Thursday, April 21, 2005

About some things, I'd like to be wrong, and Iraq is one of them. I listened to the enthusiasm about their election and read a news report about Iraqi soldiers killing 85 insurgents, locating them with the help of Baghdad citizens. I've listened to Bill Maher point out that they've only had a government since January. Give them more than...say, a couple of weeks, he advises, to get a democracy in place. After all, he reminds listeners, our own country didn't even have a constitution for eleven years after the Revolutionary War started. I wish such optimism was justified, but it isn't.
An article in the May 2 issue of The Nation by Rep. Jim McGovern of Massachusetts summed up his visit to Iraq. He came home just as skeptical as ever. He rode into Baghdad in a helicopter between two soldiers pointing their guns down at the ground. He spent most of his only day there (staying overnight was too dangerous) in the heavily fortified Green Zone, listening to the brass try to sell eight members of Congress a bill of goods: Conditions here are improving; we have 147,000 Iraqi troops; we do not plan to build permanent bases here. They admitted to no post-invasion mistakes and just kept repeating, "We're moving in the right direction." One military leader said that he can tell conditions are easing because when U.S. helicopters fly over certain parts of Iraq, people wave.
Considering his own helicopter ride into Baghdad, McGovern asked if perhaps the officer was confusing a wave with a plea not to shoot. The congressman's take on conditions there was 180 from what was being touted.
Conditions are not improving. Iraqi women leaders he talked to said that there was more electricity before the war, and according to the World Food Program, hunger among Iraqis is getting worse. It's true that the recent level of violence has decreased, but it's still unacceptable, and the insurgents use our presence there to recruit members.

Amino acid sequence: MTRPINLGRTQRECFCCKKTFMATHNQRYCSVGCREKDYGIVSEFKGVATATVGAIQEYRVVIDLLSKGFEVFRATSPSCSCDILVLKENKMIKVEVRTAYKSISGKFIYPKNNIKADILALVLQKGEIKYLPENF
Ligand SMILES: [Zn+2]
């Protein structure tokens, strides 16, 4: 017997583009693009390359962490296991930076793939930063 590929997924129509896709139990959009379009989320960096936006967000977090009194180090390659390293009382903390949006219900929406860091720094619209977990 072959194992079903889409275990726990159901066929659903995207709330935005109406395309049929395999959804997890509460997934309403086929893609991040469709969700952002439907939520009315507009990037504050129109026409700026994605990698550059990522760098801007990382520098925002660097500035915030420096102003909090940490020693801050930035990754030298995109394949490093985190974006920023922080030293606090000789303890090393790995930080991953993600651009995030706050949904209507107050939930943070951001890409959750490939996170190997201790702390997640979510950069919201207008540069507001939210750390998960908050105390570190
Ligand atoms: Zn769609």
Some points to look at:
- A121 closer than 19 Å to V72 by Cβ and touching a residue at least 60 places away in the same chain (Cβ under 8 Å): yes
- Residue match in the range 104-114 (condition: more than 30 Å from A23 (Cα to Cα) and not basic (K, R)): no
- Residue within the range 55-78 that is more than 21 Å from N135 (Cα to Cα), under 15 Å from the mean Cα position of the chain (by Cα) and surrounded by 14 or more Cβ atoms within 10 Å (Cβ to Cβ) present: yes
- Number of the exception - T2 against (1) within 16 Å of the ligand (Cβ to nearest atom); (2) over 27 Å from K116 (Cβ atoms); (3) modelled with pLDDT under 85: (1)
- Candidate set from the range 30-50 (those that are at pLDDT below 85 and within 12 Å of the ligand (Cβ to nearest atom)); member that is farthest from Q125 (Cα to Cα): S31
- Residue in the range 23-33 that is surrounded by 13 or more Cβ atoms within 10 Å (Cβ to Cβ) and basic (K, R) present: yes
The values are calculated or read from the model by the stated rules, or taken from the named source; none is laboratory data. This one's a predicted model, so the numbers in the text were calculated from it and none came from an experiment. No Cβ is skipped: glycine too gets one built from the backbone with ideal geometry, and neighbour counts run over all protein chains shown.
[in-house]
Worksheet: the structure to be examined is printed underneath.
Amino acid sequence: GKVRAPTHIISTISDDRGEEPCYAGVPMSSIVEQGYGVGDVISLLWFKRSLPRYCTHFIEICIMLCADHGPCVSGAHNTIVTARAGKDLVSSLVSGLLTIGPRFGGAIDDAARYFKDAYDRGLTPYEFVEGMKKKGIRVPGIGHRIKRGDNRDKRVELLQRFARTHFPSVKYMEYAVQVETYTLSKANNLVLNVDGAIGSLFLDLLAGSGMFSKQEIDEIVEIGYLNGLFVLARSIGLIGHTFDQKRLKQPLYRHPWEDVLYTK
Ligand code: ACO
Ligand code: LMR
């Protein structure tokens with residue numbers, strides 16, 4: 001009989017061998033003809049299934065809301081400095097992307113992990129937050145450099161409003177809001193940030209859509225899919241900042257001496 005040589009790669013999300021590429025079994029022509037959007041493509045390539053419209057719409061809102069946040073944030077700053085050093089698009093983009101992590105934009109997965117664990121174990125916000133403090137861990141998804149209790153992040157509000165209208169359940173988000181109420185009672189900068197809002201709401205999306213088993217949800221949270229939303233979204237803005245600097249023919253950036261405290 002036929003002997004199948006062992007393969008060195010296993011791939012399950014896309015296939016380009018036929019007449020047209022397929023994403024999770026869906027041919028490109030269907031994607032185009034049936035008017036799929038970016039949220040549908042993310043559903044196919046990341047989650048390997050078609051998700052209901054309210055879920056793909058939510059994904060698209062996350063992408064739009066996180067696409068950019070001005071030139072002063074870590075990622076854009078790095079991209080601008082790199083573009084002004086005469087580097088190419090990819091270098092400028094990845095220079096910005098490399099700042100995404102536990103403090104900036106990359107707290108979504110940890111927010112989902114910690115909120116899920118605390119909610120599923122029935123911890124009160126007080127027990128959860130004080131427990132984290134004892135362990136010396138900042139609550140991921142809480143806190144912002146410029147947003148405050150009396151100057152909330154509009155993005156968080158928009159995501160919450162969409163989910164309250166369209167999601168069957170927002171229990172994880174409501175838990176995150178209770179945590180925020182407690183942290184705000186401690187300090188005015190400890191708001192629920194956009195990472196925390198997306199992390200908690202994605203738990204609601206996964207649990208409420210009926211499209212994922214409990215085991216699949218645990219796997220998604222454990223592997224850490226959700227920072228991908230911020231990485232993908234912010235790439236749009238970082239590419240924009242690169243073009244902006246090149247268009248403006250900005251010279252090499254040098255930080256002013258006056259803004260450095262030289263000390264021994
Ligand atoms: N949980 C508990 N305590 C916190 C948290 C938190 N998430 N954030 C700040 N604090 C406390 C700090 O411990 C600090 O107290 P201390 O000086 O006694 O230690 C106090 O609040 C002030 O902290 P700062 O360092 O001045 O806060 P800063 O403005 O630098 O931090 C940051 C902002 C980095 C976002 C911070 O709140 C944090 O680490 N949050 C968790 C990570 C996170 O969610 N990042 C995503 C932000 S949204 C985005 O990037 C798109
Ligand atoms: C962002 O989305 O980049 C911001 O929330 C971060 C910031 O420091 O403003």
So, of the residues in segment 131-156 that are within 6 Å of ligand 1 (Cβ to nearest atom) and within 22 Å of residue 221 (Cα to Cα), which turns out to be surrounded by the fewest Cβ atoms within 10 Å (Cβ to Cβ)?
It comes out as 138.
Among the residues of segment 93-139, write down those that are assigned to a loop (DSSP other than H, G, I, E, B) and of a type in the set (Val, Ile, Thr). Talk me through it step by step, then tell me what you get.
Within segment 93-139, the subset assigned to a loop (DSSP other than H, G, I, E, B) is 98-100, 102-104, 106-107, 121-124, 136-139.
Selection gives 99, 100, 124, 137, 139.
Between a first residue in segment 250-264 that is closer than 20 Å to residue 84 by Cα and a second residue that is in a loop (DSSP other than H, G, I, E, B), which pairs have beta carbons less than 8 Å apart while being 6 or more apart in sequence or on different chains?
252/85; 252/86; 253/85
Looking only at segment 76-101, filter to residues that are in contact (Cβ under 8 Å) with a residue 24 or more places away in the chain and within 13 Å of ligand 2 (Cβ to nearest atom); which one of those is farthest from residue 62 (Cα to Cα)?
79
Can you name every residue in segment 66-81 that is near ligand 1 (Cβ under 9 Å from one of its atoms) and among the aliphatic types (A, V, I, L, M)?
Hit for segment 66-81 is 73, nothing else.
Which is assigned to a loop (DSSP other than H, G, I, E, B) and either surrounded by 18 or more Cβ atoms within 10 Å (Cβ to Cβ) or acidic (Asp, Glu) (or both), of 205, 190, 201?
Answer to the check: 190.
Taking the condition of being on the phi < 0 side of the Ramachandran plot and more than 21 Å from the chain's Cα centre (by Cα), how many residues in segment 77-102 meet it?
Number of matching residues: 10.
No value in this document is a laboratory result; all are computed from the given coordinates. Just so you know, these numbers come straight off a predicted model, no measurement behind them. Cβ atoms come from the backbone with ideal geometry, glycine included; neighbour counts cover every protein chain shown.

We have no plans to draw down our troops because most of the Iraqi troops aren't combat capable, and no one can say when they will be. In fact, even their "85 insurgents killed" headline was, it turns out, likely to have been exaggerated.
The claim that we're not going to build permanent bases there is disingenuous: Congress just appropriated $500 million dollars for that purpose. Oh, and Bush plans to ask for more billions for the war later this year.
In fact, the only honest answers McGovern received while he was there came from the soldiers--who told him straightforwardly that they'd been forbidden to share any complaints with visitors. So McGovern came away feeling that the lies that led to this war and to his mistrust of the Bushies are just continuing.
But Bush's re-election and the supposed good news from Iraq have taken the steam out of the anti-war movement. Unfortunately, our troops will not be coming home until the anti-war movement here revs up again.

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